train_data_len
# Create the training and test data
= np_data_scaled[0:train_data_len, :]
train_data = np_data_scaled[train_data_len - sequence_length:, :]
test_data
# The RNN needs data with the format of [samples, time steps, features]
# Here, we create N samples, sequence_length time steps per sample, and 6 features
def partition_dataset(sequence_length, data):
= [], []
x, y = data.shape[0]
data_len for i in range(sequence_length, data_len):
-sequence_length:i,:]) #contains sequence_length values 0-sequence_length * columsn
x.append(data[i#contains the prediction values for validation, for single-step prediction
y.append(data[i, index_cases])
# Convert the x and y to numpy arrays
= np.array(x)
x = np.array(y)
y return x, y
# Generate training data and test data
= partition_dataset(sequence_length, train_data)
x_train, y_train = partition_dataset(sequence_length, test_data) x_test, y_test
```

```
# Configure the neural network model
= Sequential()
model # Model with n_neurons = inputshape Timestamps, each with x_train.shape[2] variables
= x_train.shape[1] * x_train.shape[2]
n_neurons =False, input_shape=(x_train.shape[1], x_train.shape[2])))
model.add(LSTM(n_neurons, return_sequences1)) model.add(Dense(
```

```
# Check-points and early stopping parameters make our modeling easier
from tensorflow.keras.callbacks import ModelCheckpoint, EarlyStopping
# Compiling the LSTM
compile(optimizer = 'adam', loss = 'mean_squared_error') model.
```

```
# Specfy the file and file path for the best model
= 'my_best_model.hdf5'
checkpoint_path = ModelCheckpoint(filepath=checkpoint_path,
checkpoint ='val_loss',
monitor=1,
verbose=True,
save_best_only='min')
mode
= EarlyStopping(monitor='val_loss', patience=50, restore_best_weights=True, verbose =0)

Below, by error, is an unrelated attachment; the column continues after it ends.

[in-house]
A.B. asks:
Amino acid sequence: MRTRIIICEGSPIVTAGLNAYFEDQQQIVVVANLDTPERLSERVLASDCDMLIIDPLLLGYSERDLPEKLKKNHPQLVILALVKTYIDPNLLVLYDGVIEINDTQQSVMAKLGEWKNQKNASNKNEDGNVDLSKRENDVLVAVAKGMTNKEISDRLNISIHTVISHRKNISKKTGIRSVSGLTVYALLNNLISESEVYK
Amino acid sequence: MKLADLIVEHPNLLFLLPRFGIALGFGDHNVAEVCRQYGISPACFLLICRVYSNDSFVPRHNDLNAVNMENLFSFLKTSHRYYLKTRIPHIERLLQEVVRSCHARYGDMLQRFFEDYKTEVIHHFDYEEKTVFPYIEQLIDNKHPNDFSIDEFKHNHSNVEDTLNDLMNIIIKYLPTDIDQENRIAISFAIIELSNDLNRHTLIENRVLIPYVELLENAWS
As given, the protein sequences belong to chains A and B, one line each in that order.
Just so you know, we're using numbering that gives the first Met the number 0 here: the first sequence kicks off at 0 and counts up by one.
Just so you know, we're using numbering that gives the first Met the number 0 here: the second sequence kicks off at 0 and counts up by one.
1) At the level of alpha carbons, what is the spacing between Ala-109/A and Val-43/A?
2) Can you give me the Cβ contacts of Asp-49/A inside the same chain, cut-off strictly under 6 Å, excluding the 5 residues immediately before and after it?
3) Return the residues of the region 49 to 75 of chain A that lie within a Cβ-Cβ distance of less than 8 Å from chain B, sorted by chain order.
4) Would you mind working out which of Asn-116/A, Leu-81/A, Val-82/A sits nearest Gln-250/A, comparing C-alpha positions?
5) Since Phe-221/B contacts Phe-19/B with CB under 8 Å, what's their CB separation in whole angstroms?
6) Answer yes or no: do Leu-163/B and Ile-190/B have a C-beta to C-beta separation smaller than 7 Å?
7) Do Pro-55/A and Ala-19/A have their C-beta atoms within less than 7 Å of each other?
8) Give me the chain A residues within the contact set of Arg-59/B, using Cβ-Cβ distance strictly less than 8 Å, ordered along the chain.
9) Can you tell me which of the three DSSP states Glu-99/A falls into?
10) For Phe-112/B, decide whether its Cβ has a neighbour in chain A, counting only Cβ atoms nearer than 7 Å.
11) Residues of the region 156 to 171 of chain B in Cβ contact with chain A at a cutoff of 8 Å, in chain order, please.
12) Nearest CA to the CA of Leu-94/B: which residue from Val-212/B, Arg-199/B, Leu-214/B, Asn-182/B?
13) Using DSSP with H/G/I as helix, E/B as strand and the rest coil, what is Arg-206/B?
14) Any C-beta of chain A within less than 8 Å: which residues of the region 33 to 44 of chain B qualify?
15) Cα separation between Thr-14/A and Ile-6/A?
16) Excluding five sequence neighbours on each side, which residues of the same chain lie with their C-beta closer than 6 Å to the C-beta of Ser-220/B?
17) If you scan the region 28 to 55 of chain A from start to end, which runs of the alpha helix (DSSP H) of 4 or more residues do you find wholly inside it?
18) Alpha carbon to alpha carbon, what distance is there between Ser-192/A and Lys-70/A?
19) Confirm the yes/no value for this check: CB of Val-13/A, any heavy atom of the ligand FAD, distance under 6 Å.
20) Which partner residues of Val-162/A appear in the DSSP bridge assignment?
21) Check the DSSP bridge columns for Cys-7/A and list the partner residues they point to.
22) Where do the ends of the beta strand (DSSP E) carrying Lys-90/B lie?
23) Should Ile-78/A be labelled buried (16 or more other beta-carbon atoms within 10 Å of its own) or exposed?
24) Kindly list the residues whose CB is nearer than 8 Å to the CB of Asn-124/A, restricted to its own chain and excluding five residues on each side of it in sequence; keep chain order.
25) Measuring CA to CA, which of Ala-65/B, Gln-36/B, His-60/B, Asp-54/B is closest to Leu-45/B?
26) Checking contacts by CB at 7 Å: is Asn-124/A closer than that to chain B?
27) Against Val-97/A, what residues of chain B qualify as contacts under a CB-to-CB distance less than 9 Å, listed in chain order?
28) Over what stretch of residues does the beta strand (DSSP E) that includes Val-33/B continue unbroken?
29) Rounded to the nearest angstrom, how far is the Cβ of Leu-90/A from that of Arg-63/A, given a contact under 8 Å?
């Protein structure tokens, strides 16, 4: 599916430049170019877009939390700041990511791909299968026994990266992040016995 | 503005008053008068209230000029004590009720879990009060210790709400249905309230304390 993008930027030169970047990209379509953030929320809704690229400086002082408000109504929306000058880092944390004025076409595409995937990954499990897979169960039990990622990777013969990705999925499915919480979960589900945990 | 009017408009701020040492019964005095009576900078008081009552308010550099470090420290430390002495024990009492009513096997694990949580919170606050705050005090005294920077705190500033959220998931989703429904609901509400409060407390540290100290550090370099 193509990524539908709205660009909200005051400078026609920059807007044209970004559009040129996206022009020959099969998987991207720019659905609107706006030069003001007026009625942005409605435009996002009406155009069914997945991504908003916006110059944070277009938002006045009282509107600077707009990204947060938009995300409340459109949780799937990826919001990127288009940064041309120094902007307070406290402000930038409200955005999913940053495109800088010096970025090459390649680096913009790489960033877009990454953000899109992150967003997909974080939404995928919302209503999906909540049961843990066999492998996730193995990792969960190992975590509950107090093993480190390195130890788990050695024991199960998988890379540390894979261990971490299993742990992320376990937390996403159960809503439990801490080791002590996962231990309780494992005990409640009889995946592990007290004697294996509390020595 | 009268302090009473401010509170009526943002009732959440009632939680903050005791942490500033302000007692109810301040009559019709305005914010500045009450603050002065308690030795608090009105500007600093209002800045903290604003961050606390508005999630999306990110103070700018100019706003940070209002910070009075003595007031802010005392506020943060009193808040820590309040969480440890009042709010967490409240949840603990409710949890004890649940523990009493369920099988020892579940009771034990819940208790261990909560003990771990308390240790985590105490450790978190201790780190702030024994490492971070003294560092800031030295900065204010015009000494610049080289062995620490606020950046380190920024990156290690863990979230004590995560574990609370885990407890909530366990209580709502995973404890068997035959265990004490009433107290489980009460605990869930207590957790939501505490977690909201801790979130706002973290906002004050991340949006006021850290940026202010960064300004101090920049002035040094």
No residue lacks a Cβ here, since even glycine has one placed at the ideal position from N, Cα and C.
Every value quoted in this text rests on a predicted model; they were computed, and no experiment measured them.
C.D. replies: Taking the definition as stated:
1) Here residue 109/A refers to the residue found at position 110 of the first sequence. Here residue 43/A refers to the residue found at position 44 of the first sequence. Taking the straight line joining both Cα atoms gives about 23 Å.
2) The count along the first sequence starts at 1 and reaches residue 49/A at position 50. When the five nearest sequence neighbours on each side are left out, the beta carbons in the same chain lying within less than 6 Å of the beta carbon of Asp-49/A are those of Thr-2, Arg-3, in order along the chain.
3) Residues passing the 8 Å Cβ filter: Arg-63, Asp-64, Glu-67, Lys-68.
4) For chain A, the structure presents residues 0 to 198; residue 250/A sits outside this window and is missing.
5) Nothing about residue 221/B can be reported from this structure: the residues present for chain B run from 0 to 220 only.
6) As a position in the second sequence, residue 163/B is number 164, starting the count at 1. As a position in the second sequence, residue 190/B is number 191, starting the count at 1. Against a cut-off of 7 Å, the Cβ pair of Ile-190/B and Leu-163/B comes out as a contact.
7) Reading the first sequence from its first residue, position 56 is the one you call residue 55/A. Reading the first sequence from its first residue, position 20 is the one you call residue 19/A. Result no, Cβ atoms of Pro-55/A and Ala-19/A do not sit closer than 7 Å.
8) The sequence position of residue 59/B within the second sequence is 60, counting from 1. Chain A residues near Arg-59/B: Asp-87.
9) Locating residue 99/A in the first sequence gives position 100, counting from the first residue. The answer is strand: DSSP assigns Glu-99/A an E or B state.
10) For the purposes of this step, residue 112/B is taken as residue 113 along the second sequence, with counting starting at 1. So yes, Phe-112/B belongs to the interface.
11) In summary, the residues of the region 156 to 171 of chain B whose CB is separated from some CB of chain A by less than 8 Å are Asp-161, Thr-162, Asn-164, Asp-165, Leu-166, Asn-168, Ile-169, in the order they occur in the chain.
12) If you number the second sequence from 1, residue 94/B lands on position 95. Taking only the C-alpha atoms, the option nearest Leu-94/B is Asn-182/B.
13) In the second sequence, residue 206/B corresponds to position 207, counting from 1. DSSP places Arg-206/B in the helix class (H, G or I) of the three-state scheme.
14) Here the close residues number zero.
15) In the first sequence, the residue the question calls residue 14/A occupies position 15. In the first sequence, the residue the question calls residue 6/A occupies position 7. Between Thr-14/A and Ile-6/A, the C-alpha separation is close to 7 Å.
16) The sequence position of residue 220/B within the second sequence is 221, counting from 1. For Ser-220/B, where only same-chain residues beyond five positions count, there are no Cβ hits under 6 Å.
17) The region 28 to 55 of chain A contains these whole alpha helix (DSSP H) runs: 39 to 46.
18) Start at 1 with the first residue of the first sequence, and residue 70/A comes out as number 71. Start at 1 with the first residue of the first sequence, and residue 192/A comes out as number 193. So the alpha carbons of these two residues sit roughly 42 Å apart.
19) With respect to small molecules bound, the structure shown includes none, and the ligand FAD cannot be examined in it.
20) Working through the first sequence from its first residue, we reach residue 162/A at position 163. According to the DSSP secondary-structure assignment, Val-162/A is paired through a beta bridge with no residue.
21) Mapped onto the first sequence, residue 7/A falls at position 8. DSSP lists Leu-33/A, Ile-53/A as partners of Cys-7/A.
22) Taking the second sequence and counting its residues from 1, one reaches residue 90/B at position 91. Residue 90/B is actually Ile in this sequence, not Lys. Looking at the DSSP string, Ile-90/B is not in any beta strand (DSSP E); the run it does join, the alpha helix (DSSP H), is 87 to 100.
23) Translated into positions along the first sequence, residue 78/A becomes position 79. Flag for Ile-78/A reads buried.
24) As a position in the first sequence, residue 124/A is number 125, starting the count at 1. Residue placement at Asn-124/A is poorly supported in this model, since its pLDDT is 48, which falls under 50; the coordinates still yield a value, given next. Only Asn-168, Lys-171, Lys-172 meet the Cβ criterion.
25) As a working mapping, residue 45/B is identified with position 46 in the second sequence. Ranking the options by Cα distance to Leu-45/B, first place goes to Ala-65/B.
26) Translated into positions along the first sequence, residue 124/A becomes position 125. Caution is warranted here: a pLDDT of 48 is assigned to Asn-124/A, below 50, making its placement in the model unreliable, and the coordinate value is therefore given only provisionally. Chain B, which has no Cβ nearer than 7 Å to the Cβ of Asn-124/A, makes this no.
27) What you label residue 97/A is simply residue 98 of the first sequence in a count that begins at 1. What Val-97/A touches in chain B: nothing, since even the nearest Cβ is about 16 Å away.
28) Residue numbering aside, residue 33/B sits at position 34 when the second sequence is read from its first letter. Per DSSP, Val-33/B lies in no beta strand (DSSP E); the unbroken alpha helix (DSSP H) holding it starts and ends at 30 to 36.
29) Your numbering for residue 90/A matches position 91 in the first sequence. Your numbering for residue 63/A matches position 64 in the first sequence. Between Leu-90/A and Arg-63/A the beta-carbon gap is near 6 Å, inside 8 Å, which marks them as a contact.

earlystopping = [checkpoint, earlystopping] callbacks
```

```
# Training the model
= 300
epochs = 20
batch_size = model.fit(x_train, y_train,
history =batch_size,
batch_size=epochs,
epochs=(x_test, y_test),
validation_data= callbacks,
callbacks = 0) verbose
```

```
# Load the best model
from tensorflow.keras.models import load_model
= load_model(checkpoint_path) model_from_saved_checkpoint
```

```
# Plot training & validation loss values
=(16,7))
plt.figure(figsize'loss'], label='train')
plt.plot(history.history['val_loss'], label='test')
plt.plot(history.history[
plt.legend() plt.show()
```

```
# Get the predicted values
= model_from_saved_checkpoint.predict(x_test) y_pred_scaled
```

```
# Unscale the predicted values
= scaler_pred.inverse_transform(y_pred_scaled) y_pred
```

```
# reshape
= scaler_pred.inverse_transform(y_test.reshape(-1, 1)) y_test_unscaled
```

```
# Mean Absolute Error (MAE)
= mean_absolute_error(y_test_unscaled, y_pred)
MAE print(f'Median Absolute Error (MAE): {np.round(MAE, 2)}')
# Mean Absolute Percentage Error (MAPE)
= np.mean((np.abs(np.subtract(y_test_unscaled, y_pred)/ y_test_unscaled))) * 100
MAPE print(f'Mean Absolute Percentage Error (MAPE): {np.round(MAPE, 2)} %')
# Median Absolute Percentage Error (MDAPE)
= np.median((np.abs(np.subtract(y_test_unscaled, y_pred)/ y_test_unscaled)) ) * 100
MDAPE print(f'Median Absolute Percentage Error (MDAPE): {np.round(MDAPE, 2)} %')
```

```
# Plot of the true and predicted case counts
='True')
plt.plot(y_test_unscaled, label='LSTM')
plt.plot(y_pred, label"LSTM's_Prediction")
plt.title('Time steps')
plt.xlabel('Cases')
plt.ylabel(
plt.legend() plt.show()
```

```
# New data frame for predicting the next day count
= data_clean[-sequence_length:] # gets the last N days
new_df = sequence_length N
```

```
# Get the values of the last N day cases counts
# scale the data to be values between 0 and 1
= new_df[-sequence_length:].values
last_N_days = scaler.transform(last_N_days) last_N_days_scaled
```

```
# Create an empty list and Append past N days
= []
X_test_new
X_test_new.append(last_N_days_scaled)
# Convert the X_test data set to a numpy array and reshape the data
= model_from_saved_checkpoint.predict(np.array(X_test_new))
pred_cases_scaled = scaler_pred.inverse_transform(pred_cases_scaled.reshape(-1, 1)) pred_cases_unscaled
```

```
# Print last count, predicted counts, and change percent for the next day
= np.round(new_df['new_cases_smoothed'][-1])
cases_today = np.round(pred_cases_unscaled.ravel()[0])
predicted_cases = np.round(100 - (cases_today * 100)/predicted_cases) change_percent
```